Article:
Punishing voters for their selfies is probably a First Amendment violation, but punishing coercion should be the law.

Monday, August 24, 2015

The War Against Florida Employees Continues With New Computer Law

Starting October 1, 2015, Florida employees can expect even more attacks by employers and former employers, thanks to the new Computer Abuse and Data Recovery Act passed by our legislature and signed by our multimillionaire Governor. This law has zero protection against employer unauthorized access of employee computers and devices. It only protects computers owned by businesses.

Message by legislature to Florida employees: you don't matter.

Message by legislature to Florida employers: how may we serve you?

It's meant to prevent hacking, but there's some nasty language in there that allows employers to sue employees for any "unauthorized" access of a computer. Your "authorized" access terminates immediately upon the cessation of your employment. So if you are fired and then print out the emails you sent to HR complaining about discrimination or blowing the whistle on illegal activity before you leave, you can possibly be sued.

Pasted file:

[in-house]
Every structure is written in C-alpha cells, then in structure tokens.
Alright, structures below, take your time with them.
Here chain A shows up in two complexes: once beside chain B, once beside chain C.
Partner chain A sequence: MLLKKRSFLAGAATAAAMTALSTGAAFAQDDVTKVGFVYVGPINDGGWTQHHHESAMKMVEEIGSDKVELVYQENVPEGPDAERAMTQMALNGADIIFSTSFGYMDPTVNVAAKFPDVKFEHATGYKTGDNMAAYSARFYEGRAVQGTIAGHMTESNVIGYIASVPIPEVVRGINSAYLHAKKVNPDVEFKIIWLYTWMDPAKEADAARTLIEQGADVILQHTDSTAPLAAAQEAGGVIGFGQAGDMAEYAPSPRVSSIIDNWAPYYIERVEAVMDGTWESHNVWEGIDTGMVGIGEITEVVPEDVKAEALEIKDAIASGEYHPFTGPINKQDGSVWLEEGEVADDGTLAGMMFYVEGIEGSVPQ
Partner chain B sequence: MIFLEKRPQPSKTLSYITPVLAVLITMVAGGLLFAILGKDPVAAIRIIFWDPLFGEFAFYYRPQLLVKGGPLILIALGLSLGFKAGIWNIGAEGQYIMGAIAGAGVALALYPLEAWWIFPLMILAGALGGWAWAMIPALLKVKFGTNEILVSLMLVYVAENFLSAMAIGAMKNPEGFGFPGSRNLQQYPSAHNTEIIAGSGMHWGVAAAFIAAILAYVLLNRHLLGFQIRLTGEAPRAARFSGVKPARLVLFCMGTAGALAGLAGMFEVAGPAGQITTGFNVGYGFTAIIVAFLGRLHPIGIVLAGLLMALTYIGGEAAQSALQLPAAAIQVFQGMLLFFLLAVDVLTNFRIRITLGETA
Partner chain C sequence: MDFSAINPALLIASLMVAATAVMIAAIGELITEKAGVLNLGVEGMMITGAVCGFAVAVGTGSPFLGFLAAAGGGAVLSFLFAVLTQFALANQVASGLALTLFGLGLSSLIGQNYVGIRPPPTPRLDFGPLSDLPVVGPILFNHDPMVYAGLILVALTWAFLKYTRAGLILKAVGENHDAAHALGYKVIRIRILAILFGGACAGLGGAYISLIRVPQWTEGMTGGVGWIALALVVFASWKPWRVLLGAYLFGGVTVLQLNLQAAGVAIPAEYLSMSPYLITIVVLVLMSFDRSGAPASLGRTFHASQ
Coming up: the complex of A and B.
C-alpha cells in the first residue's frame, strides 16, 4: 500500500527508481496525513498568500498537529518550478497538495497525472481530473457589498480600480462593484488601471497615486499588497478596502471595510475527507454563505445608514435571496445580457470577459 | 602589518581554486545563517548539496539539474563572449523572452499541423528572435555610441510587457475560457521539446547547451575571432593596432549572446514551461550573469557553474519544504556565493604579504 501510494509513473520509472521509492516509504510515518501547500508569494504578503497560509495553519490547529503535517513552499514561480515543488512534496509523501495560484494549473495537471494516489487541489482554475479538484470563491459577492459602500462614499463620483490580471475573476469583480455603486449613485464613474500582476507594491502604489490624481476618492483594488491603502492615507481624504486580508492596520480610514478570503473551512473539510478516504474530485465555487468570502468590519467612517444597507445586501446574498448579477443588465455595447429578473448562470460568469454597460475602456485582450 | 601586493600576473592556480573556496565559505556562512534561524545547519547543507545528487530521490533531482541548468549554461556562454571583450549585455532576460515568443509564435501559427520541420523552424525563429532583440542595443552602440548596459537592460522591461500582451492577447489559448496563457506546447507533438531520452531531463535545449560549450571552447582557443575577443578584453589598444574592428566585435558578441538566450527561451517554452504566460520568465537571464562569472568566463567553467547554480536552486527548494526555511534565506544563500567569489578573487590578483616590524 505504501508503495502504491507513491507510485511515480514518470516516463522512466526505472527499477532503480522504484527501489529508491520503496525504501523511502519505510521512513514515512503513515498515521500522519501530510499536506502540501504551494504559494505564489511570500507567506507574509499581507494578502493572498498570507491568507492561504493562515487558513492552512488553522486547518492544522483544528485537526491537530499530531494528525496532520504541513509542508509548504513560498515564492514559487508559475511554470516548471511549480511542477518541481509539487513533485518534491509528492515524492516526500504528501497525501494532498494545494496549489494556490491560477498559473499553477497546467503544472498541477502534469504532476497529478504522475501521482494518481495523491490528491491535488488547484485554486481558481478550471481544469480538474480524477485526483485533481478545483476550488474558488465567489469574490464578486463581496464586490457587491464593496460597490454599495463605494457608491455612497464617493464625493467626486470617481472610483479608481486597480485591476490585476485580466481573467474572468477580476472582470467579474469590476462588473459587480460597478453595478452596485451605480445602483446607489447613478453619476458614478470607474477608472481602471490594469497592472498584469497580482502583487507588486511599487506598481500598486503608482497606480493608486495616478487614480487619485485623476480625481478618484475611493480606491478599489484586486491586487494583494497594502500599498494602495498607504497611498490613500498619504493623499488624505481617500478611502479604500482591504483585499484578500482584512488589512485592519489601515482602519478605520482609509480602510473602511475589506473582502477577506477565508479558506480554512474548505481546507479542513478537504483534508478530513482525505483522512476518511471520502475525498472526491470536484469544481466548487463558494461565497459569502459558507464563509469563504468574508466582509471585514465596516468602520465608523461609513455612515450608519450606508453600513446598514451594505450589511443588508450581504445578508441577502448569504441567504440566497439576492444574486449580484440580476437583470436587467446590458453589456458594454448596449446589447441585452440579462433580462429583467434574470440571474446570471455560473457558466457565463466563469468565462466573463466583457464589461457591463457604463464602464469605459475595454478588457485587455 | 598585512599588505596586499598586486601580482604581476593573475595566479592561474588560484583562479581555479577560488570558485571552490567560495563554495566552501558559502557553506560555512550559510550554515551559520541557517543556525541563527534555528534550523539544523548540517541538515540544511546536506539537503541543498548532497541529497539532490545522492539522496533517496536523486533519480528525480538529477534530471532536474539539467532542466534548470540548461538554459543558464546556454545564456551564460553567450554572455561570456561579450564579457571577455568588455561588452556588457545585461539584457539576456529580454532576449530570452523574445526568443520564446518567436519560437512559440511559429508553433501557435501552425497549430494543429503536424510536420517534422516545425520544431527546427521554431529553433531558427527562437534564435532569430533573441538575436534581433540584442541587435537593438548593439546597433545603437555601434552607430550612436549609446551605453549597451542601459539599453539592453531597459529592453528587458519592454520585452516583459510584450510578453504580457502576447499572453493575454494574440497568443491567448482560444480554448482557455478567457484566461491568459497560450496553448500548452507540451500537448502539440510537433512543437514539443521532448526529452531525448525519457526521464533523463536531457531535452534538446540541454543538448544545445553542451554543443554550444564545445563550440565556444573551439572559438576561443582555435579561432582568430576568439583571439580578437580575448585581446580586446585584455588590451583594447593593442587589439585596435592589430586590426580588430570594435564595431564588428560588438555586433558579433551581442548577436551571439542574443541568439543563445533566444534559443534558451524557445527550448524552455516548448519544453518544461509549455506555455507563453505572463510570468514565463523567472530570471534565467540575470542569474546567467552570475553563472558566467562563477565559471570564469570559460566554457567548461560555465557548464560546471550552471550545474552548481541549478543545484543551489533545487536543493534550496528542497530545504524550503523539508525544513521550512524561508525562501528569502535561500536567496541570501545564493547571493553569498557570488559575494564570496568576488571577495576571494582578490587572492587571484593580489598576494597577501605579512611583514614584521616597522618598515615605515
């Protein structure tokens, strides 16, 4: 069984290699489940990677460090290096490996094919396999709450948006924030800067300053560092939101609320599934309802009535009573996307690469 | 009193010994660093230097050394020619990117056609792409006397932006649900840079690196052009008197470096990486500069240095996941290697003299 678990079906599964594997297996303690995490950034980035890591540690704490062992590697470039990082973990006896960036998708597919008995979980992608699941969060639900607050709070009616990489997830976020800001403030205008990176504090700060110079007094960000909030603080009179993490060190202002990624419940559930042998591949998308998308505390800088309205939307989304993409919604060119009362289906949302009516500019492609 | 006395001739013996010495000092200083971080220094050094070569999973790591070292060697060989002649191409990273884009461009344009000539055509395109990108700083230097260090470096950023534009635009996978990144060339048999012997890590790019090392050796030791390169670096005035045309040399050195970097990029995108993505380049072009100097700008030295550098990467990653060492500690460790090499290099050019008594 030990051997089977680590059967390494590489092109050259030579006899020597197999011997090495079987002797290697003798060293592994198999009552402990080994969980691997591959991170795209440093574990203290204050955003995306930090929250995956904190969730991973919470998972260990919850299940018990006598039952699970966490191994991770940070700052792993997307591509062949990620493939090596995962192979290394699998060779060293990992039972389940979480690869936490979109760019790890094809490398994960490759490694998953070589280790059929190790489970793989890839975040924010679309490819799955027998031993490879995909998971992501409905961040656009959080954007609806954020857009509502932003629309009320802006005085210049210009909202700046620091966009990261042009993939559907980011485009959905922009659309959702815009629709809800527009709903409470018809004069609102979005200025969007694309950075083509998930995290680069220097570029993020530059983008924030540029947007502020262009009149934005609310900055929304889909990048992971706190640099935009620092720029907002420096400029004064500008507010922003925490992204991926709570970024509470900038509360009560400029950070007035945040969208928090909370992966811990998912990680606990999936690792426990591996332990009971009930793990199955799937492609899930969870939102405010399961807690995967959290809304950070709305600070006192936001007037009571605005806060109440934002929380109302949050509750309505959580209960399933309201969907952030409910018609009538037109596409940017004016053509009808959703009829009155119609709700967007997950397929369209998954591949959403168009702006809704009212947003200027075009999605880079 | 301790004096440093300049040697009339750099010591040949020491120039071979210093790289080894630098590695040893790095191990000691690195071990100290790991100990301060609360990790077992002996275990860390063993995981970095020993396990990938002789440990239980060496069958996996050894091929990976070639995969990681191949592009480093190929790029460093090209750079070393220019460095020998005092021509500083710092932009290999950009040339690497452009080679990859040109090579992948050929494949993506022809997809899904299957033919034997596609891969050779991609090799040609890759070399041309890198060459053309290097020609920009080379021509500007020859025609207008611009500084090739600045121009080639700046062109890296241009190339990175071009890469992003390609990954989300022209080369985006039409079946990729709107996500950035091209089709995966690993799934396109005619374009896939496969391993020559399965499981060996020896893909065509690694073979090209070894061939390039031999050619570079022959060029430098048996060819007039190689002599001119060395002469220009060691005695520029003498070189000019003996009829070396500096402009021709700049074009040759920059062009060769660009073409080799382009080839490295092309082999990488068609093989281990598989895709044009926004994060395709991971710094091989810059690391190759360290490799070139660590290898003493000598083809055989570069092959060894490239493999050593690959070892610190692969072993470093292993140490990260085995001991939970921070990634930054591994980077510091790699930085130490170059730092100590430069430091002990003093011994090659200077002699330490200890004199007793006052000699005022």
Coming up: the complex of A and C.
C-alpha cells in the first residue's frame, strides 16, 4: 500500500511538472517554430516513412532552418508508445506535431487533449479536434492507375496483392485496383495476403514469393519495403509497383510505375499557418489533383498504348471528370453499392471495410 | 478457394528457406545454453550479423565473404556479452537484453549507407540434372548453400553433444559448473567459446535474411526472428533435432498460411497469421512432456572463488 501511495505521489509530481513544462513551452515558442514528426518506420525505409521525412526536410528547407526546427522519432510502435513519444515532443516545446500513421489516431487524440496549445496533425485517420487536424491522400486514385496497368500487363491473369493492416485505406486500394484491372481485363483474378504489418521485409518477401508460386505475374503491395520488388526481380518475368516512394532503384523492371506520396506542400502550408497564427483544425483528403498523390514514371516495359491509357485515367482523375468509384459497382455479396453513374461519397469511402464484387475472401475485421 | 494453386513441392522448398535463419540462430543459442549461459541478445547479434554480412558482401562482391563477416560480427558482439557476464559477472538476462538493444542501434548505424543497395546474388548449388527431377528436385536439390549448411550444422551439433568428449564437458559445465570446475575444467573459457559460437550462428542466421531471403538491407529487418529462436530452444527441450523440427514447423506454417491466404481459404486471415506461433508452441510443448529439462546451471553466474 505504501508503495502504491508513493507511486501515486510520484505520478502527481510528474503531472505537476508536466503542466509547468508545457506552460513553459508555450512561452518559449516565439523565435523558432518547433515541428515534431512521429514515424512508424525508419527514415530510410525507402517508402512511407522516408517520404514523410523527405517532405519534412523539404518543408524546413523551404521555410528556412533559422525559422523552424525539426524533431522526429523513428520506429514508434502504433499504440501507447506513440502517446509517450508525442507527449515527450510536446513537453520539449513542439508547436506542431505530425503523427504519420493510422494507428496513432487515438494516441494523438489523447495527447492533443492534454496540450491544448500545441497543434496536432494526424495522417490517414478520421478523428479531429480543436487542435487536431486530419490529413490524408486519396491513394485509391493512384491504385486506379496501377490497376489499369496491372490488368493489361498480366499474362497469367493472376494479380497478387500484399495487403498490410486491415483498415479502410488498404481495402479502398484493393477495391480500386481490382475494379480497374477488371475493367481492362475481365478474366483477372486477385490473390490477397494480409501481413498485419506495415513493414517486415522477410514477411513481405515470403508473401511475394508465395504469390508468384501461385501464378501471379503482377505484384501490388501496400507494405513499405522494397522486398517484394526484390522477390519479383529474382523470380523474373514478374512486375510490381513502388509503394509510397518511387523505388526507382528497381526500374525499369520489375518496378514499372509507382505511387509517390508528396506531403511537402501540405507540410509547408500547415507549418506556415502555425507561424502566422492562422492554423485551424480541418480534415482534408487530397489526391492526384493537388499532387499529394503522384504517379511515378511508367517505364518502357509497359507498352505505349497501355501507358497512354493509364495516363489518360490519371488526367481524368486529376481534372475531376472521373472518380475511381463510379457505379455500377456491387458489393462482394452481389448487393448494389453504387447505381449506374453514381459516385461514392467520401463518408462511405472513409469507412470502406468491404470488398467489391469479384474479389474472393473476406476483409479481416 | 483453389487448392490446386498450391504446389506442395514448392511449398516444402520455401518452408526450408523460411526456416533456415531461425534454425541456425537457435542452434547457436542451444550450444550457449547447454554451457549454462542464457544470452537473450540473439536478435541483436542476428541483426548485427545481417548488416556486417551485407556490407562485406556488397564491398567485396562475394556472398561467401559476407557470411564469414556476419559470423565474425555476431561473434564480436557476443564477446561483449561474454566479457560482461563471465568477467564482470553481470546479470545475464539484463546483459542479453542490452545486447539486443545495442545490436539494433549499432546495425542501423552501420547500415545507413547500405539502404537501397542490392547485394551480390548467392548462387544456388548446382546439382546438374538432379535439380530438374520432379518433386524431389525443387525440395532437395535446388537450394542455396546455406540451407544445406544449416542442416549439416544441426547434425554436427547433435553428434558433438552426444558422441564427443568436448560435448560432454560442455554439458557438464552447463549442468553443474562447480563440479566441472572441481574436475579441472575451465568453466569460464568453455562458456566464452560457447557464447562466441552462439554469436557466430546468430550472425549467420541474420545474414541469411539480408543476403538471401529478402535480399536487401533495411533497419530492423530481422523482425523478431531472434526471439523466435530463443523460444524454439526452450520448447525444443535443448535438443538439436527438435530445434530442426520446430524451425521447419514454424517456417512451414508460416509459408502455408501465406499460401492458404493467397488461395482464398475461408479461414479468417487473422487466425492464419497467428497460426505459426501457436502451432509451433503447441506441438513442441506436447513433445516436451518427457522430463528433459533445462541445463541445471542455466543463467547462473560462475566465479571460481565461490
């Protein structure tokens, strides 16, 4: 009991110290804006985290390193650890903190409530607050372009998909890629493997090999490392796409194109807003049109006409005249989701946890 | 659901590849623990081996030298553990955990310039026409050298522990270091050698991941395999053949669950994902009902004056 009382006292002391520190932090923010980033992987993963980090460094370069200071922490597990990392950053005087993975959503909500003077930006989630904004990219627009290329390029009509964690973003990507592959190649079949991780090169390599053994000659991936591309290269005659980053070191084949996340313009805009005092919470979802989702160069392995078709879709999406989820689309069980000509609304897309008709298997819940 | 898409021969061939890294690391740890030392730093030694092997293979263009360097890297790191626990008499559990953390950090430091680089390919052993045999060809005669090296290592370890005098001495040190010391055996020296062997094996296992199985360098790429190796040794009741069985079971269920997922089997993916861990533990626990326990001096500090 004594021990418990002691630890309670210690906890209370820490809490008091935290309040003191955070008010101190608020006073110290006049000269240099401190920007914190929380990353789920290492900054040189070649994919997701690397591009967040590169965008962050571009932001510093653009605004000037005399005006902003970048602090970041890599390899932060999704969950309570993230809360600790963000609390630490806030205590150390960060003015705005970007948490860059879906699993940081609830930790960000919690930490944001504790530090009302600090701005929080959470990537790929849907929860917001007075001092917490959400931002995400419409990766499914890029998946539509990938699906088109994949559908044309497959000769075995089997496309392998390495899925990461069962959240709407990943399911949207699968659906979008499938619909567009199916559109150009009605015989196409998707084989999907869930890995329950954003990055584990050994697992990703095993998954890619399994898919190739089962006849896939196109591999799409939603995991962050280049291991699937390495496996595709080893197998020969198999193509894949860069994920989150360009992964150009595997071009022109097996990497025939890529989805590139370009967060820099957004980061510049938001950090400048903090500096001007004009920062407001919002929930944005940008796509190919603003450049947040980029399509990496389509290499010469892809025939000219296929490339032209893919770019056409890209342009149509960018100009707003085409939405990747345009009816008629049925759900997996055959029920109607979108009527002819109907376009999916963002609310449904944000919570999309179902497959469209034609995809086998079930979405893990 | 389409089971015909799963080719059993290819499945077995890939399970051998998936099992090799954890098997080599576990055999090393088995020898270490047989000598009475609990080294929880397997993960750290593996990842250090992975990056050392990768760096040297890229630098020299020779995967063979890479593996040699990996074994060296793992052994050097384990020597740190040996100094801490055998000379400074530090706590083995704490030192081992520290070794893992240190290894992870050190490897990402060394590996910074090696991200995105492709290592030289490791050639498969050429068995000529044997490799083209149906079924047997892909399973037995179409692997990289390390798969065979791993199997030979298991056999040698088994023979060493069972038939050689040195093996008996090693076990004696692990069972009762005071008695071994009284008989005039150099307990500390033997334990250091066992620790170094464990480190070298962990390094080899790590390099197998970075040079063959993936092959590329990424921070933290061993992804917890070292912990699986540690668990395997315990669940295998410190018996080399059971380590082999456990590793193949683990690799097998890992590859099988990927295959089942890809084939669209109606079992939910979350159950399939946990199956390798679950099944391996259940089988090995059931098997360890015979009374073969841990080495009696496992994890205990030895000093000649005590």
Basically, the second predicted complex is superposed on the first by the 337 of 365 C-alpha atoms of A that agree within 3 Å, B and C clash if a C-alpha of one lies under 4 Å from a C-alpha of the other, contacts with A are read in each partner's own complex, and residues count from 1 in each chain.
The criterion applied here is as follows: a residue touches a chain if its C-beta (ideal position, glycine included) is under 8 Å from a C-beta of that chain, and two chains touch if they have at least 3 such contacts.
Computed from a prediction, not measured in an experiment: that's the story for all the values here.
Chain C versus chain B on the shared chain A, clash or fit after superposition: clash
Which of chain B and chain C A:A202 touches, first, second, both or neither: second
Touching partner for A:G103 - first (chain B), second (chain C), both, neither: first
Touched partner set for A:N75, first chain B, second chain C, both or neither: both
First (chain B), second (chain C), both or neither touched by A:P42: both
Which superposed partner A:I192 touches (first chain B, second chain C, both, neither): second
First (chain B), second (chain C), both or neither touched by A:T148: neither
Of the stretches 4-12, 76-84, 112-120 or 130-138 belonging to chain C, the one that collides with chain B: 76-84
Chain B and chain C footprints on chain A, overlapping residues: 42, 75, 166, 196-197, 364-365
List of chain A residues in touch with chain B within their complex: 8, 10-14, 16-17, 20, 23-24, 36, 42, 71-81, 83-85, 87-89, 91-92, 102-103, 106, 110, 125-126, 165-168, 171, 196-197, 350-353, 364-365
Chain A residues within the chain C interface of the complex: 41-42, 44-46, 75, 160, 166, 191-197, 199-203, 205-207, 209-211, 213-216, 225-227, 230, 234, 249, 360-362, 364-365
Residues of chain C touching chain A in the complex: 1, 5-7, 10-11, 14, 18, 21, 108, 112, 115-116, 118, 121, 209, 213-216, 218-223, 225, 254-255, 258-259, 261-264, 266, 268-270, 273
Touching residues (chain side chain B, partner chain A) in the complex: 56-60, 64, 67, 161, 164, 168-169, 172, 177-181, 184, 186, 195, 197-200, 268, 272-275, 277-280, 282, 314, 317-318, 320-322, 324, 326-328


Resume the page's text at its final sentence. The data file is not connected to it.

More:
It's a new law, so we can expect much litigation over what it means. What it doesn't mean, at least in my opinion, is that you have any legal restricting on printing and taking home evidence of your discrimination or whistleblower complaints before you are fired. Will some management-side lawyer try to argue that you aren't allowed to take home your evidence? Maybe.

My best suggestion is to send complaints from your home computer. Be careful out there. And vote better. The Florida legislature is not the friend of Florida employees.

Friday, August 7, 2015

Senator Franken Bill To Ban Noncompetes For Low Wage Workers Would Be A Good Start